My curiosity about how people think and behave evolved into a desire to study the brain, which I explored as an undergraduate at Vassar College. Fascinated by the prospect of beginning to understand the neural basis of psychiatric disorders, I explored the field after graduation in the lab of Elizabeth Phelps at New York University. I obtained a compelling sense of how animal studies can be translated into human neuroscience to uncover the roots of mental illness, and became inspired to pursue a career as a psychiatrist and researcher. I have completed a substantial portion of my MD degree at Cooper Medical School of Rowan University, which I will finish after Cambridge, before pursuing specialization in psychiatry. During my PhD I will integrate pharmacological and neuroimaging methods to examine the influence of the neurochemical serotonin on emotional and behavioral flexibility. Serotonergic drugs are among the most common medications I will prescribe yet the precise role of serotonin in mental illness and its remediation is not completely understood. Complementing my MD training with PhD training at Cambridge will optimize my ability to increase communication between neuroscientists and psychiatrists. The Gates Cambridge Scholarship will make me a more impactful physician – helping patients beyond those who enter my office – by advancing our understanding of mental illness, and working to counter a formidable disease burden costly to individual sufferers and to society.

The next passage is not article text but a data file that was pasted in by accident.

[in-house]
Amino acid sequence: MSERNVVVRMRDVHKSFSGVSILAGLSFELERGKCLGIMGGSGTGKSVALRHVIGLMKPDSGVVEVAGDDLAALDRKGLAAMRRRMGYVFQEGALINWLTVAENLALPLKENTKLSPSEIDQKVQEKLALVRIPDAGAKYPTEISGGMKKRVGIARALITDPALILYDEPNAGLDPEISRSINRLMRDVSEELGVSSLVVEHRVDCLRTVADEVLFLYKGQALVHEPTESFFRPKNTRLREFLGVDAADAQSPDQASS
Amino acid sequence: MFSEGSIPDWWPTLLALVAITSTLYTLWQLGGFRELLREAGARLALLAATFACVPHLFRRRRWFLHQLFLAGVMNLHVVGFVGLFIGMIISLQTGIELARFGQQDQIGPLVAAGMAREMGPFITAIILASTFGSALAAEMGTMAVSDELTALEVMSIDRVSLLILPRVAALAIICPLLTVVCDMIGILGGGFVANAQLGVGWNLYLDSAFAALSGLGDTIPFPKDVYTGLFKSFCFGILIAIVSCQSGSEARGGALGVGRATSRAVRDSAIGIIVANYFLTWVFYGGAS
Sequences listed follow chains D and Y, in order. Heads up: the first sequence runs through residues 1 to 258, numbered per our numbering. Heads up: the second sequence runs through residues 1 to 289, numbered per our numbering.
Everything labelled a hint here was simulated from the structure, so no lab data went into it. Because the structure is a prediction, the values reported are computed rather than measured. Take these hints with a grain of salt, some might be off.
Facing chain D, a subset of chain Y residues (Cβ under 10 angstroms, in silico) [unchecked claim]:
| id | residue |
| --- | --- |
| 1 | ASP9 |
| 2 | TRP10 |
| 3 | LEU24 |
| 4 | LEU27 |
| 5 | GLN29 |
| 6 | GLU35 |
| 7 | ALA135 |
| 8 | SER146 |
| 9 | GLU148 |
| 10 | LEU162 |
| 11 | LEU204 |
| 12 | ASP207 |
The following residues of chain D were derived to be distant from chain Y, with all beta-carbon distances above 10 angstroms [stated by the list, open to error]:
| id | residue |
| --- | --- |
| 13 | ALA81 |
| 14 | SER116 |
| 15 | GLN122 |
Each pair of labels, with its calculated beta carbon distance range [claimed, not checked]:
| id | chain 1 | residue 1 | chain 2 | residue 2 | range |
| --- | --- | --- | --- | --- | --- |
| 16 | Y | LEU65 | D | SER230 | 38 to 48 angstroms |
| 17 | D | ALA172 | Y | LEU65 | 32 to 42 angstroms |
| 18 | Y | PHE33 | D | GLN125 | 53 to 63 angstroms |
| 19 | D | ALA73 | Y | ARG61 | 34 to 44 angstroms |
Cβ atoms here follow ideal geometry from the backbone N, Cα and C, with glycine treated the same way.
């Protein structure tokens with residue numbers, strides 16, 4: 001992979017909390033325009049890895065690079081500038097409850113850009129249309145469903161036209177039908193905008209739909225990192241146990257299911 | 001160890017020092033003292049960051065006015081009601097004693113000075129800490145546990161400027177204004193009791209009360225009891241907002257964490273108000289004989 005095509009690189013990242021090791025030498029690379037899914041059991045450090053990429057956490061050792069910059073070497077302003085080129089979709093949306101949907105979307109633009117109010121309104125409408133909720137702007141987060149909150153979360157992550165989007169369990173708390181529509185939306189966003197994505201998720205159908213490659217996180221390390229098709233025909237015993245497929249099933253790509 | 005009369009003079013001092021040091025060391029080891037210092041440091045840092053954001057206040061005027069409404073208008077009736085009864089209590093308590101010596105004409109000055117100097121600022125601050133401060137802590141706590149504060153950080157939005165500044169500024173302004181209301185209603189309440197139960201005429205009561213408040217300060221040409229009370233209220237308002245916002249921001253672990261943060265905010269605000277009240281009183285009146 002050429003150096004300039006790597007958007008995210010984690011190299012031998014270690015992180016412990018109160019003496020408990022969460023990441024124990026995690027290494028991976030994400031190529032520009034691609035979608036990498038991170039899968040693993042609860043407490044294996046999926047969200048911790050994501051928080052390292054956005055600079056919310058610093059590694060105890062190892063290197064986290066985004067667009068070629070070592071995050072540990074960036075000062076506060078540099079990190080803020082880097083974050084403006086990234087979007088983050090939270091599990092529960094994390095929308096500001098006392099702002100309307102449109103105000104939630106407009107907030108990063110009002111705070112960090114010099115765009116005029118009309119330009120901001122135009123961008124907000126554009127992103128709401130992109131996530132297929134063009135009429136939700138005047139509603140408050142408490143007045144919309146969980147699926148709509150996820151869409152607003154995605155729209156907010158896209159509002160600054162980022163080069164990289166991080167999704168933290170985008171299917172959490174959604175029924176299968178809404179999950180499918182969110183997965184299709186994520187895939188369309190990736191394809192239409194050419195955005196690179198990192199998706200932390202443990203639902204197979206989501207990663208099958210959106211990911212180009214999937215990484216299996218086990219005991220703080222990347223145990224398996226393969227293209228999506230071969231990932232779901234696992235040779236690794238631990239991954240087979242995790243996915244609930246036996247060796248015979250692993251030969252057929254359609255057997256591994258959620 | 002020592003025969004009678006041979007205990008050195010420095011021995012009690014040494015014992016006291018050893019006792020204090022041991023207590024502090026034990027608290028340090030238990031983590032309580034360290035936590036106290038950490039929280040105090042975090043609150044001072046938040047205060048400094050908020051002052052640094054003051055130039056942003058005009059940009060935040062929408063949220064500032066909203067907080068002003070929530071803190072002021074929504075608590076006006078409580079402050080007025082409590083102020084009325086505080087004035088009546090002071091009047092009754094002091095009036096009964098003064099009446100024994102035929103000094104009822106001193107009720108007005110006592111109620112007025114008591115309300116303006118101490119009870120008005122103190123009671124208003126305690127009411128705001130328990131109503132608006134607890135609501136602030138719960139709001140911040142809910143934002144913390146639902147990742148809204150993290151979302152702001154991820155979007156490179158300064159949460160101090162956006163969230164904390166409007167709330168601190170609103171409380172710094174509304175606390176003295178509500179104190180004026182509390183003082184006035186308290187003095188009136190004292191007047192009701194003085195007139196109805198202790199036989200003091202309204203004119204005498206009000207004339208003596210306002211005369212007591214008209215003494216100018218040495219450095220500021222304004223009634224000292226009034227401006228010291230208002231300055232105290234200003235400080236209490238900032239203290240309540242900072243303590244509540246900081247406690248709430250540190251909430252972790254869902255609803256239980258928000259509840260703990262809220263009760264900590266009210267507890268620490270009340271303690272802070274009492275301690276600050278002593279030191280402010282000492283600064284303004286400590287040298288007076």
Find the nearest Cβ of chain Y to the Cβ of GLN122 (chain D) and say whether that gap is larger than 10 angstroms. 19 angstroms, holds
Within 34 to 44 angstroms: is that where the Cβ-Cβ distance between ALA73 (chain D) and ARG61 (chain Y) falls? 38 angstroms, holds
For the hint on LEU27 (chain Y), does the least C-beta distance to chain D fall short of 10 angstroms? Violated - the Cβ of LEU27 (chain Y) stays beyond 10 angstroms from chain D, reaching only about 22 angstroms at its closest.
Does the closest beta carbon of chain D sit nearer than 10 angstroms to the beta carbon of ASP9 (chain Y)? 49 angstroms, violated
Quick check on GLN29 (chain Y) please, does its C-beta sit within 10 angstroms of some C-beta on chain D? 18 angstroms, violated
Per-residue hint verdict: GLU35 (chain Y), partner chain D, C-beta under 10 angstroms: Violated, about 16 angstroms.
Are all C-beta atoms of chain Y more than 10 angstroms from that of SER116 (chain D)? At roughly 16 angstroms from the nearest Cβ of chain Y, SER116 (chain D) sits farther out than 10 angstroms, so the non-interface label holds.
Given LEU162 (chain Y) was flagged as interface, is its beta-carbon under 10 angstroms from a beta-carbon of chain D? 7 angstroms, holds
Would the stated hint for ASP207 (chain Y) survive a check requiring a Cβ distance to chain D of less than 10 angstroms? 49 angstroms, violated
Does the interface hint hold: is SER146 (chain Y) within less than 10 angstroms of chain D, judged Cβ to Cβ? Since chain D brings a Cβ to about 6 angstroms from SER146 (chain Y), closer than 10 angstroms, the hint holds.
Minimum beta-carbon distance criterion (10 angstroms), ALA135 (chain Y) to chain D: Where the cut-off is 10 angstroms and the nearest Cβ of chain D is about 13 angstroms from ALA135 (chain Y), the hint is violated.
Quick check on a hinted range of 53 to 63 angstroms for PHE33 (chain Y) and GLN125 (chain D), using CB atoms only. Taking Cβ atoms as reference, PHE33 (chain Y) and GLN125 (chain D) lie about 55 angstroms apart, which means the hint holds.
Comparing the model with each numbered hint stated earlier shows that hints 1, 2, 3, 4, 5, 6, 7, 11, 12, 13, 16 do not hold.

Cooper Medical School of Rowan University
I am a journalist in New York who writes on inequality, poverty, and social services. I'm currently a contributing writer to The California Sunday Magazine. I have also reported from Thailand, the Philippines, and Britain. At Cambridge, I studied for a master's in public policy, and previous to that, I graduated from Princeton University. My work has appeared in The California Sunday Magazine, The Guardian, The Independent, Harper’s online, and Politico, among others.
Princeton University Classics 2010
I was born and raised in Seattle, Washington and got my start in reporting at the Seattle Times. I worked for four years as a news reporter and editor at a community newspaper in California’s Silicon Valley. At Cambridge, I am studying for a Modern Society and Global Transformations MPhil and I'm living in King's College.